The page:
To aid us in that labor, I want to reflect on three truths from the Christmas story that can strengthen us for the life-giving work to which we are being called.
The first truth is that the joy and hope of new birth is the result of the nine months of struggle and commitment that come before.
It’s easy for us, with the backdrop of a flower-filled sanctuary, and the cozy comfort of cuddling up on the couch in Christmas pajamas, to see only the beauty and peace of this night. But if Mary were to tell the story we might get a different picture, and not just because of the labor of this one night. Her task started with believing an unbelievable message and consenting to a dangerous and overwhelming task. Her task continued as she trusted God through the fear and shame of being doubted by Joseph (and probably many others besides). Her task strengthened her voice as she proclaimed the meaning of her story with prophetic clarity. And her task challenged her to adapt and persist, as the heartless decree of an Emperor forced her to abandon whatever sources of familiarity and security she had just before her son’s birth.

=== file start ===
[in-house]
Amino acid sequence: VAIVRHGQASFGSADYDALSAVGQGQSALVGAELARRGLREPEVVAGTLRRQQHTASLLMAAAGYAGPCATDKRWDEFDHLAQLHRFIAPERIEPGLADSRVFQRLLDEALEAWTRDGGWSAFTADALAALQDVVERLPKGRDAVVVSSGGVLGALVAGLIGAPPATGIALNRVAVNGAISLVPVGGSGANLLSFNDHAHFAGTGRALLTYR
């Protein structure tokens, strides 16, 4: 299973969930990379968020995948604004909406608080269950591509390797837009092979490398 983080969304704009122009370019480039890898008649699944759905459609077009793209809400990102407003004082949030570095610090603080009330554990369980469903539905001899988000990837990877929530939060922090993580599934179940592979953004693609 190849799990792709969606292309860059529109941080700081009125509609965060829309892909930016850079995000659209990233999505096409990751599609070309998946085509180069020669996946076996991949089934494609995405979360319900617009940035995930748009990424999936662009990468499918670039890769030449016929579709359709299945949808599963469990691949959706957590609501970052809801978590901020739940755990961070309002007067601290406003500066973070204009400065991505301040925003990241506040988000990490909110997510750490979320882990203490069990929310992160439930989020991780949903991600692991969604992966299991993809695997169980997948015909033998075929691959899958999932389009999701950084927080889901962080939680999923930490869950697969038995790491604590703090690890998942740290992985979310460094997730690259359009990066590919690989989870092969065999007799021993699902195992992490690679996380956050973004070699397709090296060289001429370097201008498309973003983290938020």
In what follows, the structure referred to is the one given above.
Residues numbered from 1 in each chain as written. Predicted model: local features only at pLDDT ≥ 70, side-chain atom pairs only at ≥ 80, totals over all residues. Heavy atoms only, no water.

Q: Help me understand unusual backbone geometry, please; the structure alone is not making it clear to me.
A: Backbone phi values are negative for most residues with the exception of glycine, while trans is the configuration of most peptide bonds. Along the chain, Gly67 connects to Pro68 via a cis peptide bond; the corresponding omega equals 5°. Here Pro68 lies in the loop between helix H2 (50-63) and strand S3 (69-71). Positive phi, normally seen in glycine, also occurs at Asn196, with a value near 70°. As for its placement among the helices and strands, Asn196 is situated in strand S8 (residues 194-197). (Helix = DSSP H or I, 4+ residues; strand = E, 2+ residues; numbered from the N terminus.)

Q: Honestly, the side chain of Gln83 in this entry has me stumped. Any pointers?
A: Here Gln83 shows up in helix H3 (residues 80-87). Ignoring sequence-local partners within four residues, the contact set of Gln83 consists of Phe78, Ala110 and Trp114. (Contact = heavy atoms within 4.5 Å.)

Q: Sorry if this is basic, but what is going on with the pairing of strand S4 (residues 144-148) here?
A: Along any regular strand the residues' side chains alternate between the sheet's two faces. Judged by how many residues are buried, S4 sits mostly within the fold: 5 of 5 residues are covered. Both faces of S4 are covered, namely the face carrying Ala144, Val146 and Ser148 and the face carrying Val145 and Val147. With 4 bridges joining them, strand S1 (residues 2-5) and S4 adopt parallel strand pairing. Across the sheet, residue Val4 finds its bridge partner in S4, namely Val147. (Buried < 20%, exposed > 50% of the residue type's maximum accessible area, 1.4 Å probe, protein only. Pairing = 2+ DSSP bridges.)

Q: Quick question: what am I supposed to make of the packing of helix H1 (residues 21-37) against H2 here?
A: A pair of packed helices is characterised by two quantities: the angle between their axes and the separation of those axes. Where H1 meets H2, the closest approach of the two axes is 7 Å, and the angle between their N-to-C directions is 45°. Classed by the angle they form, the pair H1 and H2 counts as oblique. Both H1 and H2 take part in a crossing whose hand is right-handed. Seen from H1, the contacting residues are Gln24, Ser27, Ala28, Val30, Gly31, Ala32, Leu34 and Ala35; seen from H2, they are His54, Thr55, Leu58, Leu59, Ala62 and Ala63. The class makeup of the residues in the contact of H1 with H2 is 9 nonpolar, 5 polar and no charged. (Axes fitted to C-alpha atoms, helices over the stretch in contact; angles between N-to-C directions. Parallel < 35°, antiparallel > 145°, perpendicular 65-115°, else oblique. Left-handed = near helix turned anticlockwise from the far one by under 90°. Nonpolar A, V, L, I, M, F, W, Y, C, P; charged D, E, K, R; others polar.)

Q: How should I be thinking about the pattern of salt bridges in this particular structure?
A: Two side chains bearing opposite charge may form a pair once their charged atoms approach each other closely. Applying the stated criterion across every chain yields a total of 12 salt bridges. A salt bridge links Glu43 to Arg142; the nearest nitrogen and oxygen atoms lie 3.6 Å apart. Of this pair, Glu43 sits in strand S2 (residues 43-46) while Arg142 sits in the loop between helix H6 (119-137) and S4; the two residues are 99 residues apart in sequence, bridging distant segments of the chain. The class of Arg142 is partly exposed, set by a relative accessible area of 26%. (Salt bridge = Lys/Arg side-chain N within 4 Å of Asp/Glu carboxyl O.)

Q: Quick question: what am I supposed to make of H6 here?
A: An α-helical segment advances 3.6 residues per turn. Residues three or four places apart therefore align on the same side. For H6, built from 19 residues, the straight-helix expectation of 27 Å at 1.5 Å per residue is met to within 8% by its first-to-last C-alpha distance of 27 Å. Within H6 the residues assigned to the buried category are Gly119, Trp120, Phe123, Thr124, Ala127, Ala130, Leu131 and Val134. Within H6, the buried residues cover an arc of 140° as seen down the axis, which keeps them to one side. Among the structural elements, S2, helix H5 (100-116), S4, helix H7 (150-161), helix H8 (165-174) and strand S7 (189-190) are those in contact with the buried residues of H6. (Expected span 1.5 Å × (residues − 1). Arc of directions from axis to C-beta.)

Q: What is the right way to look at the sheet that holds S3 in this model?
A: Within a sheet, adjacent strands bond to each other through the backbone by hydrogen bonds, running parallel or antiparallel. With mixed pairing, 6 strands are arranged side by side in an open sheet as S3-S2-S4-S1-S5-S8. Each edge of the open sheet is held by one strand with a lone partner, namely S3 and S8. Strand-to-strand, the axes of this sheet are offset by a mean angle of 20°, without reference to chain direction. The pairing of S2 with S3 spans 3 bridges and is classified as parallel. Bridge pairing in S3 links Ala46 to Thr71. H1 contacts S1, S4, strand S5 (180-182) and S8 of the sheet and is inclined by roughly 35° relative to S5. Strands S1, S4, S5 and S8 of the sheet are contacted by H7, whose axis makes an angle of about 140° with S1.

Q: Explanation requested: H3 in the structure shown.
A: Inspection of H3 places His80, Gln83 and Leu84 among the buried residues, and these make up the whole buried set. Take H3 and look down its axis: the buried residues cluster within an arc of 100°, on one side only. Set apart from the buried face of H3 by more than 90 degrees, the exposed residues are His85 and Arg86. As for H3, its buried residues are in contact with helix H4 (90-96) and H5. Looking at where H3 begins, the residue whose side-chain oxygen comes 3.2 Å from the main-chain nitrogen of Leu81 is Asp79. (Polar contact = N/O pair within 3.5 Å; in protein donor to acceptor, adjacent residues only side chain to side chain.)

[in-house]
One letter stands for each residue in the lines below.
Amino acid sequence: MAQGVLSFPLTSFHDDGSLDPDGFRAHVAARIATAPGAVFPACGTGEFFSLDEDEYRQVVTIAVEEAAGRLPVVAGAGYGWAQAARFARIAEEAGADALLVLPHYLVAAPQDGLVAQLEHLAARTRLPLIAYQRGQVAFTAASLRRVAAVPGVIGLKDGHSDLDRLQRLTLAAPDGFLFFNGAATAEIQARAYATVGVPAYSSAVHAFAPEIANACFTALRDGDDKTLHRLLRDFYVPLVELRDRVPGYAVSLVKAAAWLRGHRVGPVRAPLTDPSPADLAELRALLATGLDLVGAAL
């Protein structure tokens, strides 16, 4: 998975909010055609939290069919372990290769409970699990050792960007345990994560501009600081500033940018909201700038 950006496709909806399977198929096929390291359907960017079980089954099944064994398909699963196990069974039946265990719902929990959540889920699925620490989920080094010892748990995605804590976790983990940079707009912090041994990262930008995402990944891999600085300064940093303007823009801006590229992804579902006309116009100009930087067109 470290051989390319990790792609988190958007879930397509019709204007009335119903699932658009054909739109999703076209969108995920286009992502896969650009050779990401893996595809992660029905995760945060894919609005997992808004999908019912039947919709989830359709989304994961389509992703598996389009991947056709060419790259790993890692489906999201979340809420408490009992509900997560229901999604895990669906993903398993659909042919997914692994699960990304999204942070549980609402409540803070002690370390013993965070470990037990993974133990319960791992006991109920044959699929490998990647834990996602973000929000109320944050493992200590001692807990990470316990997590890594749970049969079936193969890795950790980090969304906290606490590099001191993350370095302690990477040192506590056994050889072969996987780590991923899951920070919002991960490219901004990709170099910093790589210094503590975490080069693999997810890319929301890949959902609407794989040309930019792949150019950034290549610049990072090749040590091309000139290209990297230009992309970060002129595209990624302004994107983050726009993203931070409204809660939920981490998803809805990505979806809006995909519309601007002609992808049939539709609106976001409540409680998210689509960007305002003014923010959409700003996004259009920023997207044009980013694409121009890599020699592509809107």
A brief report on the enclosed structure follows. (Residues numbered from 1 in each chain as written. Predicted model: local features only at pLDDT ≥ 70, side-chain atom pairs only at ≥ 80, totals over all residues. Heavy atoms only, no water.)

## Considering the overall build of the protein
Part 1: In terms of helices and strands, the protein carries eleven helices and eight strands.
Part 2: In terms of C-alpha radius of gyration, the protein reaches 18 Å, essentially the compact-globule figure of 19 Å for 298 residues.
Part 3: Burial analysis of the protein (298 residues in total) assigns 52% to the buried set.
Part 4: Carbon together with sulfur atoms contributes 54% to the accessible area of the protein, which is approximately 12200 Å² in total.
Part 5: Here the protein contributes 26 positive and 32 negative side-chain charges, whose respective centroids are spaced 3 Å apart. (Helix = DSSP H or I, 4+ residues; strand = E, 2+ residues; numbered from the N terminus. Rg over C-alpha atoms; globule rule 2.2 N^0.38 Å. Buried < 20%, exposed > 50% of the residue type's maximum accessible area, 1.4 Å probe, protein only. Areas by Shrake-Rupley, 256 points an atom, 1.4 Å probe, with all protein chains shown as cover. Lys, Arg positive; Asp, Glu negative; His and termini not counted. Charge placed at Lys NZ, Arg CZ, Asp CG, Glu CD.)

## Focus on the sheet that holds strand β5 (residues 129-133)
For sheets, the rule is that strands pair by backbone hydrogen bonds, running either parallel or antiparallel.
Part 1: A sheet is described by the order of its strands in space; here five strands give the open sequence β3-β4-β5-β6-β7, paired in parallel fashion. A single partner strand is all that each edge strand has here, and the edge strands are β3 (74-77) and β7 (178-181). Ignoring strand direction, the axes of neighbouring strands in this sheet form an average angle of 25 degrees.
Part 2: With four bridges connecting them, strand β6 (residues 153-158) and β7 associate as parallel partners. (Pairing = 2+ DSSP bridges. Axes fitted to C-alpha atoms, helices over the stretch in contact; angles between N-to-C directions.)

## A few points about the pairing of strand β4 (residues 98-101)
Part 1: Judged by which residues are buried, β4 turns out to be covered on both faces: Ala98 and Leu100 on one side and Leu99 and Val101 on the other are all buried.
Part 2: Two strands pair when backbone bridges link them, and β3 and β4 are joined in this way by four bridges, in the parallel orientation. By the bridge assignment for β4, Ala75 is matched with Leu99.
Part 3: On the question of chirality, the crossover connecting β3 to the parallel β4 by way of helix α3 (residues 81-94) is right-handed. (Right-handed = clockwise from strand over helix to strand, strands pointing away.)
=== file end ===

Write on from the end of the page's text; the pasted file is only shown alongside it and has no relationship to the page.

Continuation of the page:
I doubt she would have chosen any of these challenges for herself, but that wasn’t the choice she was given. Her choice was how to respond. And she did what was needed to nurture the life God had given her to bring forth.
I wonder… how might is transform our experience of the struggles of this past nine months to view them in this light? To see them as part of our task of nurturing love and preparing a gift of life for our hurting world? I think that at least part of the good news of Christmas for us this year, is that our year of struggle can bear fruit when we respond to it with faith and trust…. It can produce in us a new strength and new life that only comes through perseverance and effort.